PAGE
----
SCR is short for ‘selective catalytic reduction’ and is a technology which is useful for breaking down oxides of nitrogen in an atmosphere which contains excess oxygen. It was originally designed for large-scale situations such as coal-fired power stations, but the most common application these days is in purifying the exhaust gas from Diesel engines.
There are two stages to an SCR system. The first is to inject a ‘reductant’ such as ammonia into the exhaust gas, and the second is to pass this mixture through a special type of catalytic converter.
Most trucks which meet the Euro 5 or 6 emissions standards rely on SCR systems to reduce their NOx emissions. These trucks can be identified by the presence of an extra tank near the fuel tank which contains ‘Adblue’ (or ‘Diesel Exhaust Fluid’ in the US). Adblue is a solution of urea in water which breaks down to produce ammonia under the right conditions. Its advantage over ammonia is that it is safe to handle and store, however converting Adblue reliably into the correct quantity of ammonia requires a sophisticated control system. It also necessitates some compromises, especially in conditions where the exhaust gas temperature is low, so it is worthwhile considering alternatives to Adblue. These are discussed further under the heading ‘reductants’.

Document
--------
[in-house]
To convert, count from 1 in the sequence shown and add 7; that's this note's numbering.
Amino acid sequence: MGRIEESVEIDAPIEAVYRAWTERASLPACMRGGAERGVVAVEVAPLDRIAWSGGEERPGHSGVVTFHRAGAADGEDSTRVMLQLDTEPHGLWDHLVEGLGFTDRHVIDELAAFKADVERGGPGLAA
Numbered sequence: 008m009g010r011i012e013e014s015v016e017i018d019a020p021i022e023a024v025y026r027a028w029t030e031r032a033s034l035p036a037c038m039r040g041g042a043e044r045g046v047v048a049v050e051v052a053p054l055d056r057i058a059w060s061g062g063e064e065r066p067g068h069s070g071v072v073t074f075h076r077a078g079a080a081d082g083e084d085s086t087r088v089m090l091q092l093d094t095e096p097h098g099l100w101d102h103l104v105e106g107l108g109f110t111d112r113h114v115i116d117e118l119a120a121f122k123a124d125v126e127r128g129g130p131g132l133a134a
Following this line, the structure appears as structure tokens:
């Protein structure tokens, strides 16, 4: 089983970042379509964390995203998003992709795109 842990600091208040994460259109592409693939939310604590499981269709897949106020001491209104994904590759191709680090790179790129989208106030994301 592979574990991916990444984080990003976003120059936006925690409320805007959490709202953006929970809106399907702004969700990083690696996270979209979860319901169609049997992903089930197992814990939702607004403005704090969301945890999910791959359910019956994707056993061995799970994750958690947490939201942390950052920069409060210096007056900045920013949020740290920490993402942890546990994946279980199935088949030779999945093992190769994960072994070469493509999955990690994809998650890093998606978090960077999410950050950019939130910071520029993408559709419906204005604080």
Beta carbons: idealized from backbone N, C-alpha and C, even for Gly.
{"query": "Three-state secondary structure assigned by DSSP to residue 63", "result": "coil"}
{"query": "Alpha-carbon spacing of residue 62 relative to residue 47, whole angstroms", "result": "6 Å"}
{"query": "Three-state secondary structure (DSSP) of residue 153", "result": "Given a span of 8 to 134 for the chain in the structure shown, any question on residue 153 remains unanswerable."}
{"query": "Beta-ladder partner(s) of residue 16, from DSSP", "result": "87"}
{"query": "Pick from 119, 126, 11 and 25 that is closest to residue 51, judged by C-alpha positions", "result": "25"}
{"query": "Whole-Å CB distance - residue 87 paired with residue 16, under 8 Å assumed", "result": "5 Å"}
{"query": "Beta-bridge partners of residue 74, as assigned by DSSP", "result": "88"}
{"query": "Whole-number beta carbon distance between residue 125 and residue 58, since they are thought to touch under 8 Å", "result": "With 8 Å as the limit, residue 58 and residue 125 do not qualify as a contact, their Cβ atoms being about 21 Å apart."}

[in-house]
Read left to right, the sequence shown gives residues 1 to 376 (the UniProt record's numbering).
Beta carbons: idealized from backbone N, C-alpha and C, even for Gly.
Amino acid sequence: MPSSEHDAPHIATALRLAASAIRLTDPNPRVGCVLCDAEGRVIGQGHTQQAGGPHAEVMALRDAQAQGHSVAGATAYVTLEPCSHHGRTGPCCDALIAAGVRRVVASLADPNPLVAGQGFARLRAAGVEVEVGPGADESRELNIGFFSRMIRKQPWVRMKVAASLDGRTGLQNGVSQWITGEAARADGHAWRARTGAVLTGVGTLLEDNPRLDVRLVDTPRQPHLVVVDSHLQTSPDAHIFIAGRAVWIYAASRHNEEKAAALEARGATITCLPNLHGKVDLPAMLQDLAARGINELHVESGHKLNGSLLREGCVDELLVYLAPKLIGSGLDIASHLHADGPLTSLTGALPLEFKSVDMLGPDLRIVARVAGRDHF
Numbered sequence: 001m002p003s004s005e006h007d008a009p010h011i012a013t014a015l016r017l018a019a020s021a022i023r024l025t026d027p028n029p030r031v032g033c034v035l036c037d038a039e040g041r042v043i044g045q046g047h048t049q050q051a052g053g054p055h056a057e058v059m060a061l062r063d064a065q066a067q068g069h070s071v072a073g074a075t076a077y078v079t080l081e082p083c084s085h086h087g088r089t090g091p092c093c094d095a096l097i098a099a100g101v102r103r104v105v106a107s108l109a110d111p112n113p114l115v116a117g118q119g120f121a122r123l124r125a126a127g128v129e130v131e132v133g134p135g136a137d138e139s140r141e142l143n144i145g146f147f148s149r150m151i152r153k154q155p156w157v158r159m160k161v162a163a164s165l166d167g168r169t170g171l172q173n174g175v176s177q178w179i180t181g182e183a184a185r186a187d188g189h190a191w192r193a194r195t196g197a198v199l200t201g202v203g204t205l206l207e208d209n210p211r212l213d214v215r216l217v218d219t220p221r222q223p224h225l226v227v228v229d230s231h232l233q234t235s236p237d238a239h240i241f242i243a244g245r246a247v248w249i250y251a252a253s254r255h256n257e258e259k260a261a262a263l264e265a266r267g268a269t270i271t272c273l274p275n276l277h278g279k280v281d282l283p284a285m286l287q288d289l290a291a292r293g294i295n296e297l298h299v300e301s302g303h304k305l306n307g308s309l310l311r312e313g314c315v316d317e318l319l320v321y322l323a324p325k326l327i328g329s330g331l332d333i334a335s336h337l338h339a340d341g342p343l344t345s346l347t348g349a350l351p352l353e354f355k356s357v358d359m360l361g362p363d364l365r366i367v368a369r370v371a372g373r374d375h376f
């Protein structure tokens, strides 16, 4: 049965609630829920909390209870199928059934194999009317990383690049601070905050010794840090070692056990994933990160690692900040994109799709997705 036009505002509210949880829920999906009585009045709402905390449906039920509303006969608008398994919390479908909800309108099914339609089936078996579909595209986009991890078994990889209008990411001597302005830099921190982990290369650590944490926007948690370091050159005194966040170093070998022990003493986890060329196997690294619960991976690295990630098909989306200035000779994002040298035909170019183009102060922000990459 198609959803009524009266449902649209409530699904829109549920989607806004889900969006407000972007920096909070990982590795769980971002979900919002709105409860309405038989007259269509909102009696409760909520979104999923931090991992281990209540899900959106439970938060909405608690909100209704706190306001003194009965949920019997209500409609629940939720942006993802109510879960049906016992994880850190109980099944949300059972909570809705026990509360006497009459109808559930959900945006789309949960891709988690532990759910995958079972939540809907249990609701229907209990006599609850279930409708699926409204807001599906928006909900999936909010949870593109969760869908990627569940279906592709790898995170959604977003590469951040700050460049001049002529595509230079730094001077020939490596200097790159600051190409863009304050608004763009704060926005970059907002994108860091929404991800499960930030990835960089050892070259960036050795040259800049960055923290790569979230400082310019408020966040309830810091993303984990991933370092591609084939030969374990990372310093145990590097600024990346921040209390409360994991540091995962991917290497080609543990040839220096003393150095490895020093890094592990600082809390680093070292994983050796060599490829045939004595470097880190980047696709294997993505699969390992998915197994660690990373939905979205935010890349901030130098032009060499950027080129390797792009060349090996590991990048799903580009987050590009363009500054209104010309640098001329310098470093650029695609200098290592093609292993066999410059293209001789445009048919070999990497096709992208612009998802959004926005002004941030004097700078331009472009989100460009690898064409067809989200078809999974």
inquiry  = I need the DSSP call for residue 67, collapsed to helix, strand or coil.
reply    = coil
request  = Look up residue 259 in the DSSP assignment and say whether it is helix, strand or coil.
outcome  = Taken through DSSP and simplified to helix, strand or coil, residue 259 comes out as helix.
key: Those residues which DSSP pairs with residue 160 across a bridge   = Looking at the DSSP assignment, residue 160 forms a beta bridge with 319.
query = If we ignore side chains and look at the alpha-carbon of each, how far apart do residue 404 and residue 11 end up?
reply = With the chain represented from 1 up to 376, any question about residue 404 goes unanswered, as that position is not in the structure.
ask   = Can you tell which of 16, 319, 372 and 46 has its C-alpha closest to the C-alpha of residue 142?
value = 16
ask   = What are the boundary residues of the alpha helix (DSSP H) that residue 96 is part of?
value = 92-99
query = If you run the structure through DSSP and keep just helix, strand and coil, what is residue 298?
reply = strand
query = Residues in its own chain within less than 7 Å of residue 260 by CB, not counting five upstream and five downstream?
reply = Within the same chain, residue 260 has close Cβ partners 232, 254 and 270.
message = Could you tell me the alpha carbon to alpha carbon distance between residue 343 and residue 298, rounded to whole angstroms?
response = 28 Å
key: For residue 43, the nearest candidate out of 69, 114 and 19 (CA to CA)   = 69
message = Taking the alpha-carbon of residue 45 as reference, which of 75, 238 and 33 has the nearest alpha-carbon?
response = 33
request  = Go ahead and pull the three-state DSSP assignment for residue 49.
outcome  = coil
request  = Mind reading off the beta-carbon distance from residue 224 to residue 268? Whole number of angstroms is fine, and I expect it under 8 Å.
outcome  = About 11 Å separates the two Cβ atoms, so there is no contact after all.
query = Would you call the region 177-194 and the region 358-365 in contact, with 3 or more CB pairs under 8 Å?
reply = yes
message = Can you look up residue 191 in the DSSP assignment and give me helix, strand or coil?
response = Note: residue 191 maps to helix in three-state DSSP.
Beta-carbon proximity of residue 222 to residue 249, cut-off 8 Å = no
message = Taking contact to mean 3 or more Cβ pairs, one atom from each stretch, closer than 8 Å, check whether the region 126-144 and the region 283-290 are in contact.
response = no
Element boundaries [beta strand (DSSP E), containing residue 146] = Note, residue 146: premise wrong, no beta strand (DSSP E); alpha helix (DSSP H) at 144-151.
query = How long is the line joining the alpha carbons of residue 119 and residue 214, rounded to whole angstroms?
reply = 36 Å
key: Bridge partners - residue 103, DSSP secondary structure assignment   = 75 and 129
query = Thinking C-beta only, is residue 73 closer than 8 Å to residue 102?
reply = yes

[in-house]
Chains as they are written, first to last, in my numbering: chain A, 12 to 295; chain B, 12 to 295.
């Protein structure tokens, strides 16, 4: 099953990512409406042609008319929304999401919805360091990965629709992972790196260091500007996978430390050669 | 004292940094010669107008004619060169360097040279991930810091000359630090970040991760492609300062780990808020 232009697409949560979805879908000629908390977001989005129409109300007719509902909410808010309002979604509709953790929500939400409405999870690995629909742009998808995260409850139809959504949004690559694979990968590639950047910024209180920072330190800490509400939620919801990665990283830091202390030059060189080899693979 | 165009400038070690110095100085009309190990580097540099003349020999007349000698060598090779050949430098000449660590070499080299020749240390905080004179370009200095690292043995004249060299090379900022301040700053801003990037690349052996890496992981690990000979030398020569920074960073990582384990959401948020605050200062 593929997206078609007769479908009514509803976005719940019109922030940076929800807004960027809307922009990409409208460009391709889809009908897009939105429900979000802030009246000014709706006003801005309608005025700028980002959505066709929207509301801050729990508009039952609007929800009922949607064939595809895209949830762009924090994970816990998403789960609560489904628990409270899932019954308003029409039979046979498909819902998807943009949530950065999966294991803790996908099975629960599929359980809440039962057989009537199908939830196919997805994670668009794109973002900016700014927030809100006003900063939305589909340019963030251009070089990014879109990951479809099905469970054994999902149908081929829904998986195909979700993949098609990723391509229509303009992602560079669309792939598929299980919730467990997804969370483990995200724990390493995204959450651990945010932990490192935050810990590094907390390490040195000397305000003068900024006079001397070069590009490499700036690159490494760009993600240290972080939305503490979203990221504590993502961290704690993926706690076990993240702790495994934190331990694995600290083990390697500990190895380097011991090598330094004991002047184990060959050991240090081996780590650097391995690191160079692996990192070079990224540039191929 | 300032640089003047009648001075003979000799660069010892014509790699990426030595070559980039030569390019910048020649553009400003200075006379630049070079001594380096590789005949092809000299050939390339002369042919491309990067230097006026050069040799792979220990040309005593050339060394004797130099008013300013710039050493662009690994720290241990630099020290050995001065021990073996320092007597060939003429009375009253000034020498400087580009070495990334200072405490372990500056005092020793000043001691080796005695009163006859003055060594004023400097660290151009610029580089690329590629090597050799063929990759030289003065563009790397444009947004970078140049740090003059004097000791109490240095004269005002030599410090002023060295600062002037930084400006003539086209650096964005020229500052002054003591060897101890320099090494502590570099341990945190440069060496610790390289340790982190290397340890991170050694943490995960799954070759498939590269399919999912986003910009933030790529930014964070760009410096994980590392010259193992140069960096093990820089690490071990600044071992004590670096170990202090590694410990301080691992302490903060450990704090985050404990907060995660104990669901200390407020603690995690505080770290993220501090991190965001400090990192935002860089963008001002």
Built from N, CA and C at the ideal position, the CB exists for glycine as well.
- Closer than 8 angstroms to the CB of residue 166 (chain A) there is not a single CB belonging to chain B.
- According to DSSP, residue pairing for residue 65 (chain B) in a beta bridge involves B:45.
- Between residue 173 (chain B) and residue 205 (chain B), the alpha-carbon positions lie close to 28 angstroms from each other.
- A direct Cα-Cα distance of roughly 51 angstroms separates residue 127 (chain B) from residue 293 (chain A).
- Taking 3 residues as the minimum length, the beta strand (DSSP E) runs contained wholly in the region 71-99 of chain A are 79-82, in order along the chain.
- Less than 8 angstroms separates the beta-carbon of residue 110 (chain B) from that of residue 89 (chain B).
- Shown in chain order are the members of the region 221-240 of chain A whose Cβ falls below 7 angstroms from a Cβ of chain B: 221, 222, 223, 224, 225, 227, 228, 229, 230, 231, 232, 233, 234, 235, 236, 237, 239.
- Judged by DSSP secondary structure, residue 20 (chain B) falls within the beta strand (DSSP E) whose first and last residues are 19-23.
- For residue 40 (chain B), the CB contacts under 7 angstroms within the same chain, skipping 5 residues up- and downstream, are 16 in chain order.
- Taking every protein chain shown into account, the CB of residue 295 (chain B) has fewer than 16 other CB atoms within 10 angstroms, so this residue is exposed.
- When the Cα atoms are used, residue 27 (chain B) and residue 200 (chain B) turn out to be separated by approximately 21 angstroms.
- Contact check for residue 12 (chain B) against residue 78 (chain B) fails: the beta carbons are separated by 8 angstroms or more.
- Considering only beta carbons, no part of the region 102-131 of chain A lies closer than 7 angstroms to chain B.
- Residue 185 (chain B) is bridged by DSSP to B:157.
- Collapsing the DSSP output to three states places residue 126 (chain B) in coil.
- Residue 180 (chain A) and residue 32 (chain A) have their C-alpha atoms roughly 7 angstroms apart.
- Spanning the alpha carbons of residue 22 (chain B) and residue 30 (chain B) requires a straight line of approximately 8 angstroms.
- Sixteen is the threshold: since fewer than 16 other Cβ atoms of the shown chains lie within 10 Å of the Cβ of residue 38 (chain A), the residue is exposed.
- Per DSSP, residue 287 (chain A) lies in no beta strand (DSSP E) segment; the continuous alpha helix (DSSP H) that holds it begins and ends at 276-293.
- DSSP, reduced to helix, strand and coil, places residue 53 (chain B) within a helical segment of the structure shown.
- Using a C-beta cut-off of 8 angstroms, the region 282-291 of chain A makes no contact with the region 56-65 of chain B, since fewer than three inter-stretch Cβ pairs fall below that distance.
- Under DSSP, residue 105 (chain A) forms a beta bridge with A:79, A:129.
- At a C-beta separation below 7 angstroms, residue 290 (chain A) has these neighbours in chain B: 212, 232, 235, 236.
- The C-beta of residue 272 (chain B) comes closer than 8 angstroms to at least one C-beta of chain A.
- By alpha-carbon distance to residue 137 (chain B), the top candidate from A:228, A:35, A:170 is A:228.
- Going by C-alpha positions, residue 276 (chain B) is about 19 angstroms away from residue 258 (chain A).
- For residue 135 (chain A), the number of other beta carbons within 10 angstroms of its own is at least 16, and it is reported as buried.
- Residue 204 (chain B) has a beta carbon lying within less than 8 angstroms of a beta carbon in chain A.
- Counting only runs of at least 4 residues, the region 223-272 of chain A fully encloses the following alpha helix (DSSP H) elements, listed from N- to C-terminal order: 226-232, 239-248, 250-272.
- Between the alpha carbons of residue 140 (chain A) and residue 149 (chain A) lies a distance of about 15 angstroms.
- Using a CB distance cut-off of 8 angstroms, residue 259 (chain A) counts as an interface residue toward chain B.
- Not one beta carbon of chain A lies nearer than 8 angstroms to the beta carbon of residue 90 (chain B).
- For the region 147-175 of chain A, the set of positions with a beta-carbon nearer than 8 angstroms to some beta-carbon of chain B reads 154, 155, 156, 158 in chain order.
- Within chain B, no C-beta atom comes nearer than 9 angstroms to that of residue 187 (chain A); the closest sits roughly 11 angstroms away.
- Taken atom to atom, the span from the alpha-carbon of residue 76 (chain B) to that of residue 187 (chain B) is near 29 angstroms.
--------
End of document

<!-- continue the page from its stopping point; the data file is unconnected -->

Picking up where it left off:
As mentioned above, the most common application of SCR is on diesel engines, either alone or in combination with a diesel particulate filter.
It can also be used on lean-burn gas engines. In all cases the principles are the same, but the differences are the way that the technology is customized to suit particular operating conditions.